Mr. Emil Shurkov, Analyst at the Center for Research and Policy Making presented the main findings of the Macedonian and Bulgarian partners on the trends and manifestations of the hidden economy. According to him, the three key challenges that the country faces are the high unemployment rate, the long-term unemployment and the youth unemployment, as factors stimulating the informal economy. He noted that the tax discipline depends both on the trust in the government and the size of the salaries – below the psychological threshold of monthly remuneration of MKD 20 000 (EUR 322) about a third the Macedonian population is inclined to evade taxes. In terms of education, only 44% of the surveyed employees who have primary education have an employment contract, as opposed to 81% of those with higher educational degree. The survey also indicates that 1/3 of the companies are “manipulating VAT” and use “accounting tricks” aimed at paying lower taxes in the sectors in which they operate. Mr. Shurkov recommended decrease of the transaction costs for the remittances, development of new projects and business support centers for the diaspora, increase of the efficiency of the programmes supporting vulnerable groups and their employment at both state and regional level, faster returns of VAT, investment in electronic tax administration, and abolishment of the municipal corporate tax (firmarina).

Mr. Goran Veleski, Advisor at the Ministry of Labour and Social Policy, Macedonia underlined that the basis for countering the hidden economy has been set in the form of business promotion measures, incentives for the young entrepreneurs, flexible labour legislation, grants and credits with low interest rates. However more time is needed for these measures to be further developed and take effect. Mr. Veleski concluded by underlining that the social effect of any policy should always be considered before implementation.

Ms. Natasa Vidmar, Sector for Employment and Migration, Ministry of Labour, Family, Social Affairs and Equal Opportunities, Slovenia shared the experience of her country in tackling the phenomena. She described the provisions envisioned in the Prevention of Undeclared Work and Employment Act, including the penalties and exceptions from the rules. In Slovenia the market, labour, traffic and tax inspectorates have the authority establish the existence of informal activities, which could eventually lead to their cease, confiscation of assets and/or fines. The customs, as well as the Commission for Detecting Undeclared Work also play key part in the process.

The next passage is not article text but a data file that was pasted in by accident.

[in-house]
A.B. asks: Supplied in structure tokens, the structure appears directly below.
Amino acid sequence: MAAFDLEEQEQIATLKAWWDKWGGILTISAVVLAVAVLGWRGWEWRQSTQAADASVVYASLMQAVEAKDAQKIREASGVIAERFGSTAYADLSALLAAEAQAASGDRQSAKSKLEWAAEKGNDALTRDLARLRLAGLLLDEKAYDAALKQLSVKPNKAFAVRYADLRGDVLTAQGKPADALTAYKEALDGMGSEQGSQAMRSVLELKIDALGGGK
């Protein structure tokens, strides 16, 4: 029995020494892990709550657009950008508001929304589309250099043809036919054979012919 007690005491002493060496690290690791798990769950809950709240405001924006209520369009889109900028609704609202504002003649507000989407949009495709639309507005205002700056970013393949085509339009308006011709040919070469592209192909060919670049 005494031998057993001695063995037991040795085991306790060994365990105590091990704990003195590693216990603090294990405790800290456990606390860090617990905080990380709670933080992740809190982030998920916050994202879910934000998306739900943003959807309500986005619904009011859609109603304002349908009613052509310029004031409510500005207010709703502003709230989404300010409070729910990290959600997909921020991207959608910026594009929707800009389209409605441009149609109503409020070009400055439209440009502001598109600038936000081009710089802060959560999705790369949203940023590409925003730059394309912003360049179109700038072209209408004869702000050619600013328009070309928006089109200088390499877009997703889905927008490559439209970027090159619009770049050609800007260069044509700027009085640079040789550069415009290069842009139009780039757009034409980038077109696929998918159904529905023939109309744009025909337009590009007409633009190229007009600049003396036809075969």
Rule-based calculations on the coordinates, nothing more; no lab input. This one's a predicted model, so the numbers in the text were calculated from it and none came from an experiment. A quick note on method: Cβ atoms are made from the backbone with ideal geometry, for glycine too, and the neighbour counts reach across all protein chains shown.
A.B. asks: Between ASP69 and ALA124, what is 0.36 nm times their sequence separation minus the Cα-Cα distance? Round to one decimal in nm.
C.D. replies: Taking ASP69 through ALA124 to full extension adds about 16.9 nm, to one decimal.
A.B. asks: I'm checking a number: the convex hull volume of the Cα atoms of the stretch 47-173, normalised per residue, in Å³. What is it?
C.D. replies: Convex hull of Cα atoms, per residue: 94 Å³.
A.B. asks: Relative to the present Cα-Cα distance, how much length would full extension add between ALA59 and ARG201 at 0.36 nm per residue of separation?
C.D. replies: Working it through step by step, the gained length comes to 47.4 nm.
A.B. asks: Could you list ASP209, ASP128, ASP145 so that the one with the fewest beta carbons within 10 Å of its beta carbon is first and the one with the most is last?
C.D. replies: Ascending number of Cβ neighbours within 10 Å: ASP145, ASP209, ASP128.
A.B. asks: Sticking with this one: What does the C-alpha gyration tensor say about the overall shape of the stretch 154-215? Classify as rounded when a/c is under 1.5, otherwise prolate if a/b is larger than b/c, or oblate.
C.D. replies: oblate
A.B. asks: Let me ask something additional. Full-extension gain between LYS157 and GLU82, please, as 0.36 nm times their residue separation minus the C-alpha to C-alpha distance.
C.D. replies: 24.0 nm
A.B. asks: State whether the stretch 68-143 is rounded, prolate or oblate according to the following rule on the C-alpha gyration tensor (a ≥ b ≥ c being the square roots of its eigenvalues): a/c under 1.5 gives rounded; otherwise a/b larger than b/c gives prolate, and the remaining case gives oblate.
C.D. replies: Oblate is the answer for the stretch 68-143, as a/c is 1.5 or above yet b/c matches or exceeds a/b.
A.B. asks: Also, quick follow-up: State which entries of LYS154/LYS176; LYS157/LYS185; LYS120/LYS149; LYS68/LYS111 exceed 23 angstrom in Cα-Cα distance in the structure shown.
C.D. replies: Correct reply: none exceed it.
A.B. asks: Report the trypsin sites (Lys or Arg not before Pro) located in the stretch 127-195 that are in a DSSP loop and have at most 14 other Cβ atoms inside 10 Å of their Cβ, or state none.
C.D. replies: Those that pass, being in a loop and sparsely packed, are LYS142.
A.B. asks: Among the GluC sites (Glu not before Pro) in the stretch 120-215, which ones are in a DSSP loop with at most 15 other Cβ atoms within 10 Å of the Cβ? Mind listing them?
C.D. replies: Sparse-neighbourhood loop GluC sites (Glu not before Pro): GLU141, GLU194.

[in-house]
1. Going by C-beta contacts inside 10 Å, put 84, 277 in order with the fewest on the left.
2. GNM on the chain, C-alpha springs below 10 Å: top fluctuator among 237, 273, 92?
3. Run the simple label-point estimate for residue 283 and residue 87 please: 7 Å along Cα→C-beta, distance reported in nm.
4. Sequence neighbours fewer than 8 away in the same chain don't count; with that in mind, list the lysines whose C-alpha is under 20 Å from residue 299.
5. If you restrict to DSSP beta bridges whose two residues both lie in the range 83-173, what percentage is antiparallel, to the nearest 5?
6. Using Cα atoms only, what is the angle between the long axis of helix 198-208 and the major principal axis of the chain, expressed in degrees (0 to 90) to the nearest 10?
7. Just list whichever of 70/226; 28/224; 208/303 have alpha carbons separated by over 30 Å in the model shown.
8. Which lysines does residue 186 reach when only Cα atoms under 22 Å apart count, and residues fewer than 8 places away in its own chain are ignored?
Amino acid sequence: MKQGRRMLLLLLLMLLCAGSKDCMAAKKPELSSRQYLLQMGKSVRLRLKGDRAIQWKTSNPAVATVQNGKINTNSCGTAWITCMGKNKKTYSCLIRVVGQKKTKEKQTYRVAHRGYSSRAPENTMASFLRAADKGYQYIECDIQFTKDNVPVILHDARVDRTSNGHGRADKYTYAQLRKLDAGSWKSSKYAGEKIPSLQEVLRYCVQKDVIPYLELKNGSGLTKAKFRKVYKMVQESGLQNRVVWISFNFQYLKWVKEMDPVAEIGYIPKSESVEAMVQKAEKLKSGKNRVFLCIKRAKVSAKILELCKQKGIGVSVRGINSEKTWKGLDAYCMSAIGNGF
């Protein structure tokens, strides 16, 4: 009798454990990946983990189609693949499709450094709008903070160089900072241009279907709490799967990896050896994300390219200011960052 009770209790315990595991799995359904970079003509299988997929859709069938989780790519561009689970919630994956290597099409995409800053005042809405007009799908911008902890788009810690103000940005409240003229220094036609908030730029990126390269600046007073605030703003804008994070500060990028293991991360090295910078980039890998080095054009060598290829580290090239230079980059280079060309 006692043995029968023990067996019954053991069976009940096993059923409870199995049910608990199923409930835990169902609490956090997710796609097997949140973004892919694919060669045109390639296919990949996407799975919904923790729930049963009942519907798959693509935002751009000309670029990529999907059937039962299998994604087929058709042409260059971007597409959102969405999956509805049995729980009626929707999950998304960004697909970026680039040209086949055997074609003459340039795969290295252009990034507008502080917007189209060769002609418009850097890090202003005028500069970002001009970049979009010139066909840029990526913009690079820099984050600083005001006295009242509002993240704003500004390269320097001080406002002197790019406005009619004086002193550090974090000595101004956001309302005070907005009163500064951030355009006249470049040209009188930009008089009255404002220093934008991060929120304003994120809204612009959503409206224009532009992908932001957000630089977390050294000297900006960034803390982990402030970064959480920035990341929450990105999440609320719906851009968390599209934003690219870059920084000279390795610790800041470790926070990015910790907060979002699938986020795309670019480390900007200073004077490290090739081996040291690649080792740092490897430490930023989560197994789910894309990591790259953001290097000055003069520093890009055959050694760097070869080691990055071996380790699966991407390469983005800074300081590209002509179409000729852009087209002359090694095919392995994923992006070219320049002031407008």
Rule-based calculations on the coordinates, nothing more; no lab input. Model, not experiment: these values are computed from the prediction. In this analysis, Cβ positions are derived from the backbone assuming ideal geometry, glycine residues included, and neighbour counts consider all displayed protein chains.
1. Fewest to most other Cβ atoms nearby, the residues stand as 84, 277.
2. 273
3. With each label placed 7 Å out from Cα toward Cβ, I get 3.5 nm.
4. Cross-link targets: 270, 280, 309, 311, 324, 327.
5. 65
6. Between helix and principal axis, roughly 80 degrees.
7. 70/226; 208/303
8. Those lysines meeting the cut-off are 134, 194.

Ms. Katarina Kakalikova, Vice President, Public Policy in Central and Eastern Europe, MasterCard highlighted the fact that 85% of all transactions around the world are in cash, which costs 1.5% of the GDP. Because of that, MasterCard is currently researching the electronic payment as a method for decrease of the hidden economy and increase of the financial inclusion. She underlined that the global trend of intensified use of electronic payments is not related only to the technological advance, but also to the realized importance of transparency by the national governments. She advised the policies to focus on incentives, not only on regulations, since the motivated customer is more likely to use electronic means of payment.

Professor Colin Williams, Professor of Public Policy at the Sheffield University Management School presented to the audience the best EU policy approaches to tackling the hidden economy. He stressed that besides the widely known disadvantages, the policies should also consider the advantages of the hidden economy. For example, two thirds of the businesses start up as unregistered and formalize over time. If regulations are too strict, the entrepreneurial activity could be impeded. Other advantages include: testing the trade viability of the business venture, providing source of income for the poor, flexibility on where and how the people can work, decreased barriers to entry in formal employment, producing more affordable goods, stopping the governments in pursuing burdensome regulations. Professor Williams noted that at the moment facilitating formalization is advocated in Europe as the most appropriate policy. This could only be achieved by fostering commitment and trust in the institutions, which is more efficient and cheaper than inspections and detection.

Agenda (Adobe PDF, 790 KB, in English)
Agenda (Adobe PDF, 522 KB, in Macedonian)
Press release (Adobe PDF, 733 KB, in English)
Press release (Adobe PDF, 844 KB, in Macedonian)
Monitoring the Hidden Economy in Macedonia: Trends and Policy Options